There’s one Project technique that has the capacity to transform your skillset and raise your Project Management to the next level: the Lessons Learned review.
So, in this article, we will take a look at everything you need to know about how to make your next lessons learned meeting a great success.
This will be a big guide, so let’s buckle up and dive in…
What is a Lessons Learned (LL) Meeting?
First and foremost, a lessons learned meeting is a safe place to share thinking and insights about a shared experience. And that will feature strongly as my first, primary, and principle reason for holding an LL review.
How to Get Your Lessons Learned Meeting Right
It is a meeting where you look back on the last stage of your project – or, indeed, your whole project. In your review, you’ll draw lessons for the next stage or the next project. So, you’ll need to cover:
this should come top of your list. If you focus too much on the negatives, you run the risk of damaging morale. That isn’t to say you should brush those under the carpet. Absolutely not.
- Failings and unintended consequences
You must also look at what didn’t work. But do so with a spirit of curiosity to better understand them. It is not a place for recriminations or blame. Things will go wrong. And, if anyone was at fault, I hope you will have dealt with it at the time.
- Trace Cause and Effect
this is the principle way you will understand how actions lead to consequences, and so draw lessons from the events above. Please be aware that projects can be complex. So the metaphor of a chain of causes and effects is a poor one. Far better is the metaphor of a web of many cayuses and many effects. Don’t stop your analysis too soon, in the hope of finding simple answers.
Ultimately, as we’ll see in the next section, a lessons learned meeting should be a catalyst for change. So, what changes do you recommend, having done your analysis?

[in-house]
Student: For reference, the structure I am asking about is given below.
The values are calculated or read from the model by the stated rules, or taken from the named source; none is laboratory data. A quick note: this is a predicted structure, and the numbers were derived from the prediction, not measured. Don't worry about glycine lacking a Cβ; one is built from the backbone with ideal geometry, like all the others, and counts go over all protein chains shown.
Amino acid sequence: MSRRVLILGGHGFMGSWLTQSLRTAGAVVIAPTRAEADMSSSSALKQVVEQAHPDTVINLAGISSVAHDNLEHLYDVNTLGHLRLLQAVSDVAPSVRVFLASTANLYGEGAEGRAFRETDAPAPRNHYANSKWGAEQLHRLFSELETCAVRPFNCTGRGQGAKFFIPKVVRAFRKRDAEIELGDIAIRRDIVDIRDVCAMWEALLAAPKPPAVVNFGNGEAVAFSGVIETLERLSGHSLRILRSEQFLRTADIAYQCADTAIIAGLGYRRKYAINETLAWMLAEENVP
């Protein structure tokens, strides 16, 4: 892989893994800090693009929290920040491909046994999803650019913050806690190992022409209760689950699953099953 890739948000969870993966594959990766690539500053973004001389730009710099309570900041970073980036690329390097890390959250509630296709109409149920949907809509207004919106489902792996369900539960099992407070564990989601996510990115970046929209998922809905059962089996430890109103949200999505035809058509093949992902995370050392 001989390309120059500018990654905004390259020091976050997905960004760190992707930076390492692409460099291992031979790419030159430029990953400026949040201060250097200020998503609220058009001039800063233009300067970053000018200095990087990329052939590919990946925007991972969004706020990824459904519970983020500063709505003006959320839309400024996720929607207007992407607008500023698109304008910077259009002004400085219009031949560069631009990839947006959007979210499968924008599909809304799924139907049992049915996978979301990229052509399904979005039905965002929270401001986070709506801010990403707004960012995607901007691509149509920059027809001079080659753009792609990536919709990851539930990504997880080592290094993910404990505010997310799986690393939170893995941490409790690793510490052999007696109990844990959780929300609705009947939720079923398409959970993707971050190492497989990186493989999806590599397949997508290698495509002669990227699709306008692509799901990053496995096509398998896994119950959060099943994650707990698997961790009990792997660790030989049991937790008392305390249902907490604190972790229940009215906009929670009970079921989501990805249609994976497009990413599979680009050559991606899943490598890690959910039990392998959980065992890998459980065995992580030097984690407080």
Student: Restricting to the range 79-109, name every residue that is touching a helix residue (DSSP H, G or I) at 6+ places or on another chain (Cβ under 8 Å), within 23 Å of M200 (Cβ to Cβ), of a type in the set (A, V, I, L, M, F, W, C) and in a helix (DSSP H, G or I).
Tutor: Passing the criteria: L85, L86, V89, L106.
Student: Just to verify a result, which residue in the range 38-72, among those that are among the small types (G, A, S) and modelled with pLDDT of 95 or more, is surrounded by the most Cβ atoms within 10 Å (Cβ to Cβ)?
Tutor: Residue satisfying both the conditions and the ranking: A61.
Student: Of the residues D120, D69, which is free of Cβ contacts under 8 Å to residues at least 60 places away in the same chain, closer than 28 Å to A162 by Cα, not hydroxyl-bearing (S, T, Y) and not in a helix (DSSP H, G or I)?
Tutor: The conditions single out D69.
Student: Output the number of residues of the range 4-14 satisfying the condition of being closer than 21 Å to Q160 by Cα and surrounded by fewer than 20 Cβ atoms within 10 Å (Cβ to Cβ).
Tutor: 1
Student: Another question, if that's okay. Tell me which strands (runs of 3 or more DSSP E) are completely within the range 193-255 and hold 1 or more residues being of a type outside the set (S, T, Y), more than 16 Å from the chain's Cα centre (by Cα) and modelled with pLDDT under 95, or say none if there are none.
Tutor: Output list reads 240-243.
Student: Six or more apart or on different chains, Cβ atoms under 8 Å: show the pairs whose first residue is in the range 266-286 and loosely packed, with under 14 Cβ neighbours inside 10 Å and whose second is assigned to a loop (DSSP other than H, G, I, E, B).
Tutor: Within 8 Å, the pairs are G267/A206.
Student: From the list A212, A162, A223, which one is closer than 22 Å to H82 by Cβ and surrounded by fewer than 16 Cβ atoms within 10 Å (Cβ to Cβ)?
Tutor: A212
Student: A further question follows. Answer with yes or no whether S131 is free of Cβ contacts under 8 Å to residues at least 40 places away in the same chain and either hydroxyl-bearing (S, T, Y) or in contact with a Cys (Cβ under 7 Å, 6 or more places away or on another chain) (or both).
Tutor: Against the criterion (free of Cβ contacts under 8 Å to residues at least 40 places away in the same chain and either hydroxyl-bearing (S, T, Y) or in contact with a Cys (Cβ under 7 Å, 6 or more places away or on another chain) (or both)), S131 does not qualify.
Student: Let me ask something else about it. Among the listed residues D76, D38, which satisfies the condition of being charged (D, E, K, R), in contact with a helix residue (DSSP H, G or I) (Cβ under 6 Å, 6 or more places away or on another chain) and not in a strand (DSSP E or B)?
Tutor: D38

Why have Lessons Learned Meetings?
My number one reason for holding lessons learned meetings has very little to do with the project or the organization. It has everything to do with you and your project team. By taking time to reflect together on your experiences and how your choices led to outcomes, you create learning, development, growth… And, ultimately, wisdom. This is the way professionals develop and so, for me, your LL Meeting is your most effective Continuing Professional Development (CPD) practice.
However, we can also sum up the purpose of a lessons learned meeting as being to drive change. We want to drive change, in:
- your project practices, and those of your immediate colleagues
- the practices of other Project Managers in your organization
- the organization itself – it’s processes, attitudes, and governance, for example
And, of course, you want to catalyze personal change in individuals; their:
When should You Hold a Lessons Learned Meeting?
There are two times you should hold a Lessons Learned meeting; and maybe a third.
At the end of a project to crystallize the impact of all your collective experiences
During your project, at regular team meetings, or at key points like stage boundaries. The more often you draw lessons and implement changes, the better your project will perform. So, your target should be to approach continuous improvement, or Kaizen.
There is often a case to be made for gathering your team at the start of your project, to review lessons learned that can feed into this project. Two primary sources will help you:
- The experiences team members have had on previous projects
- Lessons learned recorded within your organization; particularly those which refer to projects with similarities to yours
Preparation for Your Lessons Learned Meeting
As you’d expect, I always recommend project managers to prepare for important meetings, and here is a stark example. The four areas to focus your preparation are:
- Input data nad information, that will inform your discussions and provide evidence to support or challenge perceptions
- An agenda that ensures you spend your time together well
- Logistics, so you can be sure to create the best starting conditions for your meeting
- Attendance, because having the right people there will give a better result than otherwise
Before your meeting, gather as much data as you can. This may include:
- Stakeholder comments
- Schedule performance
- Budget performance
- Resource utilization
- Risk Register
- Change Log
- Feedback and survey results